Skip to main page content
Access keys NCBI Homepage MyNCBI Homepage Main Content Main Navigation
Review
. 2018;94(8):325-336.
doi: 10.2183/pjab.94.021.

Transcriptional Regulation of the 26S Proteasome by Nrf1

Affiliations
Free PMC article
Review

Transcriptional Regulation of the 26S Proteasome by Nrf1

Shun Koizumi et al. Proc Jpn Acad Ser B Phys Biol Sci. .
Free PMC article

Abstract

The 26S proteasome is a large protease complex that selectively degrades ubiquitinated proteins. It comprises 33 distinct subunits, each of which differ in function and structure, and which cannot be substituted by the other subunits. Owing to its complicated structure, the biogenesis of the 26S proteasome is elaborately regulated at the transcription, translation, and molecular assembly levels. Recent studies revealed that Nrf1 (NFE2L1) is a transcription factor that upregulates the expression of all the proteasome subunit genes in a concerted manner, especially during proteasome impairment in mammalian cells. In this review, we summarize current knowledge regarding the transcriptional regulation of the proteasome and recent findings concerning the regulation of Nrf1 transcription activity.

Keywords: DDI2; Nrf1; proteasome; transcription.

Figures

Figure 1.
Figure 1.
Molecular architecture of the eukaryotic proteasome. The 26S proteasome is composed of the 20S core particle (CP) and one or two 19S regulatory particles (RP) attached to the CP terminus. The CP is a stack of four heteroheptameric rings consisting of two outer α-rings and two inner β-rings, each composed of seven structurally similar α- (α1–7) and β-subunits (β1–7), of which β1/2/5 contain proteolytic active sites exposed to the interior cavity of the CP (red circles). The RP is subdivided into the base and lid subcomplexes. The base is composed of an ATPase-ring that contains six AAA+ ATPase (Rpt1–6) and four non-ATPase subunits (Rpn1/2/10/13). The lid is composed of nine non-ATPase subunits (Rpn3/5/6/7/8/9/11/12/15).
Figure 2.
Figure 2.
Domain organization of CNC-bZIP family proteins. The image depicts the domain organization of six human CNC-bZIP proteins, namely, Nrf1, Nrf2, Nrf3, NF-E2 (p45 subunit), Bach1, and Bach2. All these proteins share cap ‘n’ collar (CNC) and a basic leucine zipper (bZIP) domains in their C-terminus region. Nrf1, Nrf2, Nrf3, and NF-E2 p45 contain one or two acidic domains (AD1, AD2, or AD2L) and regulate the transcriptional activation. In contrast, Bach1 and Bach2 are known as transcription repressors without acidic domains. However, they contain a broad-complex, tramtrack, bric-a-brac (BTB) domain. Nrf1 and Nrf3 exhibit a N-terminal domain (NTD) with a transmembrane region to anchor proteins to the ER membrane. Additionally, Nrf1 and Nrf3 contain an Asn/Ser/Thr-rich (NST) domain, which is a target for N-glycosylation.
Figure 3.
Figure 3.
ER and nuclear degradation of Nrf1 by the UPS. ER-anchored Nrf1 is degraded via ERAD machinery. The Nrf1 is ubiquitinated, retrotranslocated, and degraded by the ER-resident ubiquitin ligase Hrd1, p97, and the proteasome, respectively. In the nucleus, Nrf1 is ubiquitinated and degraded by nuclear localized ubiquitin ligases (β-TrCP and FBXW7) and the proteasome, respectively.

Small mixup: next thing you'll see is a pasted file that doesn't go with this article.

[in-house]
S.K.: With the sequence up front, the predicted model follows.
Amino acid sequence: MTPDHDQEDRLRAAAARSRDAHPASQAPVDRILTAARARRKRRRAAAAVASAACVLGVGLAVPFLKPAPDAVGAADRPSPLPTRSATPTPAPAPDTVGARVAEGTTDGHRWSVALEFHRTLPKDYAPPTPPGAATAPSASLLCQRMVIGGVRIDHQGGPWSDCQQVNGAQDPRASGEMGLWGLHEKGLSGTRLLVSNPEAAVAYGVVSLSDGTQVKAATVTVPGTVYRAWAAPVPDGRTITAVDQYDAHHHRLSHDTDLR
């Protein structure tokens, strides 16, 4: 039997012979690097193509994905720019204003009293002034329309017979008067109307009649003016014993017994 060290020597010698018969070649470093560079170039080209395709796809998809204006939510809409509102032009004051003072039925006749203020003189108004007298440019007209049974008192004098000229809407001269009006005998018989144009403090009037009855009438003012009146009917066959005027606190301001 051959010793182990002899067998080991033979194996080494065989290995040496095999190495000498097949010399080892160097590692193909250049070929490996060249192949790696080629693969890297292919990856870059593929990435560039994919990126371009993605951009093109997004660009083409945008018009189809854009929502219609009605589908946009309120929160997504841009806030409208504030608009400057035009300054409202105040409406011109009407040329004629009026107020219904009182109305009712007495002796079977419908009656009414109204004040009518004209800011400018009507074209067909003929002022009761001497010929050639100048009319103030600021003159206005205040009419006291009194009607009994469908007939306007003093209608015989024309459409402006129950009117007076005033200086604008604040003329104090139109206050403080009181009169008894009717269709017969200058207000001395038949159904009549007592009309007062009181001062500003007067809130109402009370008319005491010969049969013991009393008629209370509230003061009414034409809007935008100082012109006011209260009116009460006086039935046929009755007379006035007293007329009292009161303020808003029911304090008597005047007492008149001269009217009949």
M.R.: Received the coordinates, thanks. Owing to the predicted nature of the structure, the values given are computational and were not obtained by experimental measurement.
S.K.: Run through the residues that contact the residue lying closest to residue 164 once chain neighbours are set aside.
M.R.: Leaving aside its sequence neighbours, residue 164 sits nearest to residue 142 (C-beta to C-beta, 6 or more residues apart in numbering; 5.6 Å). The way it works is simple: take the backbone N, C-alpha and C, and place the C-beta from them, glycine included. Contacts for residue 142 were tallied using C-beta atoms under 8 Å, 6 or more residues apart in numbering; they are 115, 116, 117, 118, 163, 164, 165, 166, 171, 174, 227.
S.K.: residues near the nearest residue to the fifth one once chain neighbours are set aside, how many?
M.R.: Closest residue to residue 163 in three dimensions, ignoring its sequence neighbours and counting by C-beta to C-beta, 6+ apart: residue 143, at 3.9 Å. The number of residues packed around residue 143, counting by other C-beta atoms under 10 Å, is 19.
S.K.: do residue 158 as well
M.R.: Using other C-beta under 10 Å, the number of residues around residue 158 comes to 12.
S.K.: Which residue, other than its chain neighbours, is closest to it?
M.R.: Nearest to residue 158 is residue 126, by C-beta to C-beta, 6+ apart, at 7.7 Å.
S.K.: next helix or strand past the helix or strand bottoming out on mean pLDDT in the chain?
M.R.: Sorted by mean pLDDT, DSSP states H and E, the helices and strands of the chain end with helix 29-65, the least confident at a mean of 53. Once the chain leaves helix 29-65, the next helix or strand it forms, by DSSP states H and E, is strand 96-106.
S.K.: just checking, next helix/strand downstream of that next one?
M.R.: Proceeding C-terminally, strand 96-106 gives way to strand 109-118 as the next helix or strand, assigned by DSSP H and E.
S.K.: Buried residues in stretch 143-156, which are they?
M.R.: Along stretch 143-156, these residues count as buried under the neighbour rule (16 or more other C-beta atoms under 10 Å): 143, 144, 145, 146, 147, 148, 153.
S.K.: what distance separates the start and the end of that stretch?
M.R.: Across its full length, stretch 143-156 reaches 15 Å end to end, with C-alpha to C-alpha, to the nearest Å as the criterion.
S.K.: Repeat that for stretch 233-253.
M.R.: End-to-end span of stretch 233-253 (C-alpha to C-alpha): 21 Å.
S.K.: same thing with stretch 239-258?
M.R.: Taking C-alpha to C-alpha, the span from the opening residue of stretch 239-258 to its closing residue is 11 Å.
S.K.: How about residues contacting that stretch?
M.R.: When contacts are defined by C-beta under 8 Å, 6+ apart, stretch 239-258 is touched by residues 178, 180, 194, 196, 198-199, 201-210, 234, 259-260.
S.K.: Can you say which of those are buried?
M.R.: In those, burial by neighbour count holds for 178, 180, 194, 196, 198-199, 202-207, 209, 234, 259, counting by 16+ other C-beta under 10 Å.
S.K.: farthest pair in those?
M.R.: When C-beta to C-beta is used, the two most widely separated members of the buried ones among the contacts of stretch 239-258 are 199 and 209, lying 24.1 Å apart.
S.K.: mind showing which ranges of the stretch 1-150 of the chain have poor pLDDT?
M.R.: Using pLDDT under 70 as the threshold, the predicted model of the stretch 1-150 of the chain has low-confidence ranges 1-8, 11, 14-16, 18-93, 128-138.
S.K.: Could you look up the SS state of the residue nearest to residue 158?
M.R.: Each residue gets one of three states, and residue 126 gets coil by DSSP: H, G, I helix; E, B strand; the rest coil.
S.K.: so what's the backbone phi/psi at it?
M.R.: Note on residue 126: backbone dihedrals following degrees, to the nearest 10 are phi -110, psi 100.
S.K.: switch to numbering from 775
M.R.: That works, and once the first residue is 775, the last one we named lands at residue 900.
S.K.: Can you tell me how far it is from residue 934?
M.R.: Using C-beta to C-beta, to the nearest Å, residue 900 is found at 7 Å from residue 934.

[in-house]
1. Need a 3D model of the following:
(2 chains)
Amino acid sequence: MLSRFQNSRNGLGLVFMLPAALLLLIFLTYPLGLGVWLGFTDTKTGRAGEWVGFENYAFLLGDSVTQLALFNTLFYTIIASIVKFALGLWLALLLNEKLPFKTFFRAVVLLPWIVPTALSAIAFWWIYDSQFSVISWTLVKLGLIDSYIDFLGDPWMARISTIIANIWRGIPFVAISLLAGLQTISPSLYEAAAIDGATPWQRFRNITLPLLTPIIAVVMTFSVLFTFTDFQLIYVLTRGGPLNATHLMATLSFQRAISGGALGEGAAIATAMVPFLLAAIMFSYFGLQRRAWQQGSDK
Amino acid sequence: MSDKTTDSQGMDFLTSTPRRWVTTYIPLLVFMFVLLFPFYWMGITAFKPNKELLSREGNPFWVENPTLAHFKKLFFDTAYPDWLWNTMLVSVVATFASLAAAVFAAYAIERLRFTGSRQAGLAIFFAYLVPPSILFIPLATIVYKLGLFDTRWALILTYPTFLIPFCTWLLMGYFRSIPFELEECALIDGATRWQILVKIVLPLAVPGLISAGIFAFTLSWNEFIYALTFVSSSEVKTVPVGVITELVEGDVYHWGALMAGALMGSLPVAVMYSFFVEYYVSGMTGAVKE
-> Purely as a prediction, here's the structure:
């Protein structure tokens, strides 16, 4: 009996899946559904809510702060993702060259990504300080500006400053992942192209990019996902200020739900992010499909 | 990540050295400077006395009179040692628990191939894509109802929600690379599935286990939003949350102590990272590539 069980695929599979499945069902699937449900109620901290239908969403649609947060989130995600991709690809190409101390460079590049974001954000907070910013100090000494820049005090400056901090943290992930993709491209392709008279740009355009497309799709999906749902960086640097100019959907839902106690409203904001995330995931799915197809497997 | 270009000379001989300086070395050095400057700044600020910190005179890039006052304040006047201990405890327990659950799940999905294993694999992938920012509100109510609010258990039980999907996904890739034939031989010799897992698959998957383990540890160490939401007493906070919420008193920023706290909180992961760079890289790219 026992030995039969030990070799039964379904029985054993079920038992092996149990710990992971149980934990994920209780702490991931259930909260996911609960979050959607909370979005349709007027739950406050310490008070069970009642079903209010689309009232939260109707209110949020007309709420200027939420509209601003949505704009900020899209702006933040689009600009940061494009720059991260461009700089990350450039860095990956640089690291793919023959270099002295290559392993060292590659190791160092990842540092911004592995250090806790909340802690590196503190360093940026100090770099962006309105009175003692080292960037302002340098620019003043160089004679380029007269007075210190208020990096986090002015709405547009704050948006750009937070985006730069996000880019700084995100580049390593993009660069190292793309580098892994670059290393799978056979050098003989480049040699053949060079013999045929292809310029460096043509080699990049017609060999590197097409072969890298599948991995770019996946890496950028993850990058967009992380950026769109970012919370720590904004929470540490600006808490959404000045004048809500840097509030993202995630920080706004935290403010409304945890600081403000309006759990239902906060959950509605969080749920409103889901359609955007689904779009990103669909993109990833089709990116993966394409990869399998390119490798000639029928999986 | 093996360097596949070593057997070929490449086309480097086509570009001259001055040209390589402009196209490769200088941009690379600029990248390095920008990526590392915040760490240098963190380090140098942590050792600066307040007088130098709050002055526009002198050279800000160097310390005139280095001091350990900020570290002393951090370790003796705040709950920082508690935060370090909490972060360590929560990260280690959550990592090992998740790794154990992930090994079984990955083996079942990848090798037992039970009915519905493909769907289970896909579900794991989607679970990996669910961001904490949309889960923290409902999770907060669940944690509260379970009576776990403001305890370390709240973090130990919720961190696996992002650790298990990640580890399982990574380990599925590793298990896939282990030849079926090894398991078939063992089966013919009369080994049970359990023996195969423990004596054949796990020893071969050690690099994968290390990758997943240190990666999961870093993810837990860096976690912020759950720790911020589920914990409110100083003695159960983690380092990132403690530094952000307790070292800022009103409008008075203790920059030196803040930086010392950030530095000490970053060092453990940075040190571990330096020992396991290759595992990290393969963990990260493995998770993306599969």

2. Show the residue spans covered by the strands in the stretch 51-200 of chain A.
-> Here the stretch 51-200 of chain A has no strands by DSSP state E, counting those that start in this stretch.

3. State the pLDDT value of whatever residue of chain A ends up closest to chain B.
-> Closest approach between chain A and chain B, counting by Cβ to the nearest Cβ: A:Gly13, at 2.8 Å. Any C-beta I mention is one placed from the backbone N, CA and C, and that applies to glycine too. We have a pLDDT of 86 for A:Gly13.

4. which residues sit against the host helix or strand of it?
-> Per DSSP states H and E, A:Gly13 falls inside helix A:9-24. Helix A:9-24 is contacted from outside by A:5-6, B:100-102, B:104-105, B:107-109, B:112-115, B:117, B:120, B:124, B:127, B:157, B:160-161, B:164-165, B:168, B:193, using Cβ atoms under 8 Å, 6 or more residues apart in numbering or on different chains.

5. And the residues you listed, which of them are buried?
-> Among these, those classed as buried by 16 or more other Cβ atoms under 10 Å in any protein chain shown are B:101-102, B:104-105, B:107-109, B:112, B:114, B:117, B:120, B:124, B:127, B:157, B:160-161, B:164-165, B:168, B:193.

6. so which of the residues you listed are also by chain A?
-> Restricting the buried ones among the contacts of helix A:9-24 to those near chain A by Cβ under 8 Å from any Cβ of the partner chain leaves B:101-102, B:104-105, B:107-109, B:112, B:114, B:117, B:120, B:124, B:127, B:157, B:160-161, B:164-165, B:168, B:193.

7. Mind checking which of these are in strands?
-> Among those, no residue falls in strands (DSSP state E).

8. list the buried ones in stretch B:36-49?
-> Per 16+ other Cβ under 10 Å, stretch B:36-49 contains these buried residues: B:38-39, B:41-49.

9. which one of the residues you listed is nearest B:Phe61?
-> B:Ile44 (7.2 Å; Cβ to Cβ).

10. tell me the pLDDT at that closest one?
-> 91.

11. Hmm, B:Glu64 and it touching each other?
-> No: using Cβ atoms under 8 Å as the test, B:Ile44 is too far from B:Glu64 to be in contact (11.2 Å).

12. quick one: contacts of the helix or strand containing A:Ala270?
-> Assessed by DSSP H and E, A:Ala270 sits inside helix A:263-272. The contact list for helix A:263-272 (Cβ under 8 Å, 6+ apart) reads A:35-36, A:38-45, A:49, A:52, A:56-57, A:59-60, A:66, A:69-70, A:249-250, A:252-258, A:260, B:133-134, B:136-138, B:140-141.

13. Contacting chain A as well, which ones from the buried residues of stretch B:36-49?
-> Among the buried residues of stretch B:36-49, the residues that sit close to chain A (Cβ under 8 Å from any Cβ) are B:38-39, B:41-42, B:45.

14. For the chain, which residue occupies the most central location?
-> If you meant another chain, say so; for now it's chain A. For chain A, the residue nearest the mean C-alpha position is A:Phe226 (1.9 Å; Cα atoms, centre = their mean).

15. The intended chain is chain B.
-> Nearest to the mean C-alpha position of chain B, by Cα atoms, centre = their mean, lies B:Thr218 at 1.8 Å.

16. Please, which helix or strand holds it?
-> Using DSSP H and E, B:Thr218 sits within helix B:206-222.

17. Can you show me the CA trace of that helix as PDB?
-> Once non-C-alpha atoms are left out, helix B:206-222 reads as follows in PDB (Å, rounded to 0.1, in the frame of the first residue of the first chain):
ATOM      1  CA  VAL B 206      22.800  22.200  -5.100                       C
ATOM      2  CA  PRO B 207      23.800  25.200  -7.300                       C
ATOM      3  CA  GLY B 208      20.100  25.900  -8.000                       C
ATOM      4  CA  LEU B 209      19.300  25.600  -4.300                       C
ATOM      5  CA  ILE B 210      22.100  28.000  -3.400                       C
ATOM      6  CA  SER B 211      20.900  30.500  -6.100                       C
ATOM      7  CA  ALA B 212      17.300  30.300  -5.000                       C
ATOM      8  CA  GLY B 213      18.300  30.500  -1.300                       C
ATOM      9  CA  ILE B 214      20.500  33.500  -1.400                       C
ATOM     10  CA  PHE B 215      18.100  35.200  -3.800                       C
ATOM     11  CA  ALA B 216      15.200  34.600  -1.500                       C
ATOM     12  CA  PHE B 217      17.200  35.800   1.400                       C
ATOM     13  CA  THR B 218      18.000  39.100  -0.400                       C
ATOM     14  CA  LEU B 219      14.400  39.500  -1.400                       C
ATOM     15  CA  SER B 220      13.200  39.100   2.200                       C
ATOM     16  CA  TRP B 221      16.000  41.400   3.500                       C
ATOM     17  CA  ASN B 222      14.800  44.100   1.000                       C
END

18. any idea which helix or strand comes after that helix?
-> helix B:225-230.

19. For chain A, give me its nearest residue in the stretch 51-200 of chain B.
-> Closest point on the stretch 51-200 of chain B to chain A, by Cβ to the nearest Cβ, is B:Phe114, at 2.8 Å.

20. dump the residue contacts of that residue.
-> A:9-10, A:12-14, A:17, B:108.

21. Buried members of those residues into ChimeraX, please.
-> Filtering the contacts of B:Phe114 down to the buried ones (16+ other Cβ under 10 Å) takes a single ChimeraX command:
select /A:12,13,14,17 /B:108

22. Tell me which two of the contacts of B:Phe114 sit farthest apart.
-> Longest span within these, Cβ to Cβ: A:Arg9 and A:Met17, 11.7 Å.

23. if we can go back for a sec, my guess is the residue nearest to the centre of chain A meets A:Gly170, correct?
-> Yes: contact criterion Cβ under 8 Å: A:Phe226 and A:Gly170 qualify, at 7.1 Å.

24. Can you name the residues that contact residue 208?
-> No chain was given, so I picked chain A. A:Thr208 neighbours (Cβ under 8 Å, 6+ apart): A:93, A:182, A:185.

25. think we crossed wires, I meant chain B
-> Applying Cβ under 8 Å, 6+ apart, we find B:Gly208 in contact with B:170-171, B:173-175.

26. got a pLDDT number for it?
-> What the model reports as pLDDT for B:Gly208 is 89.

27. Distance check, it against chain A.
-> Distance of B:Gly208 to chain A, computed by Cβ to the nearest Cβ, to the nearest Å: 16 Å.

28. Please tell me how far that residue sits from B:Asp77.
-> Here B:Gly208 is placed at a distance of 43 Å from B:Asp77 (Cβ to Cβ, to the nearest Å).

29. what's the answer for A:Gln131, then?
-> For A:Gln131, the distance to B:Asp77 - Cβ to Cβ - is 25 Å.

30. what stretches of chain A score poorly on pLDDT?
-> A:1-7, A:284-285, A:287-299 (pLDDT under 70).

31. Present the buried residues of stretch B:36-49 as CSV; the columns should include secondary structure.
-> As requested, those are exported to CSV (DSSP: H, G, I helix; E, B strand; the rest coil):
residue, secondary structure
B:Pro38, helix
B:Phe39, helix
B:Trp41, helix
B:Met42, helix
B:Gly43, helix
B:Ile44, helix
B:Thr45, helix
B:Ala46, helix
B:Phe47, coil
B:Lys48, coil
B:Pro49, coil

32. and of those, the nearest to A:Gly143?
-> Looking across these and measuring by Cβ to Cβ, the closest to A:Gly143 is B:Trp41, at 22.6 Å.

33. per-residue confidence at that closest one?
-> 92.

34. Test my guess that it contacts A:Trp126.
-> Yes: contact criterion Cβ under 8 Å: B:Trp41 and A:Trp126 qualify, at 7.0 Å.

Figure 4.
Figure 4.
Nrf1 activation pathway. Nrf1 is glycosylated in the ER. The glycosylated Nrf1 (denoted as G) is retrotranslocated by p97. In the cytosol, polysaccharides attached to Nrf1 are removed by NGLY1 to generate the full-length Nrf1 (F). Then, the aspartic protease DDI2 cleaves Nrf1 within the NTD domain and produces processed Nrf1 (P). Processed Nrf1 translocates from the ER into the nucleus and promotes the expression of targets including proteasome subunit genes.
Figure 5.
Figure 5.
Regulation of Nrf1 transcription activity by phosphorylation and glycosylation. Nrf1 is phosphorylated by CK2 and GSK3β which decreases the transcription activity. PKC kinase activity is reported to enhance Nrf1 transcription activity; however, whether PKC phosphorylates Nrf1 directly remains unclear. Additionally, glycosylation status affects Nrf1 transcription activity. Nrf1 is N-glycosylated in the ER and deglycosylated by NGLY1 in the cytosol. The deglycosylation promotes Nrf1 transcription activity and processing by DDI2. The O-glycosylation of Nrf1 by OGT positively as well as negatively regulates Nrf1 activity.

Similar articles

See all similar articles

Cited by 4 articles

References

    1. Hershko A., Aaron C. (1998) The ubiquitin system. Annu. Rev. Biochem. 67, 425–479. - PubMed
    1. Baumeister W., Walz J., Zühl F., Seemüller E. (1998) The proteasome: paradigm of a self-compartmentalizing protease. Cell 92, 367–380. - PubMed
    1. Rubinsztein D.C. (2006) The roles of intracellular protein-degradation pathways in neurodegeneration. Nature 443, 780–786. - PubMed
    1. Kumatori A., Tanaka K., Inamura N., Sone S., Ogura T., Matsumoto T., et al. (1990) Abnormally high expression of proteasomes in human leukemic cells. Proc. Natl. Acad. Sci. U.S.A. 87, 7071–7075. - PMC - PubMed
    1. Chen L., Madura K. (2005) Increased proteasome activity, ubiquitin-conjugating enzymes, and eEF1A translation factor detected in breast cancer tissue. Cancer Res. 65, 5599–5606. - PubMed

MeSH terms

Substances

Feedback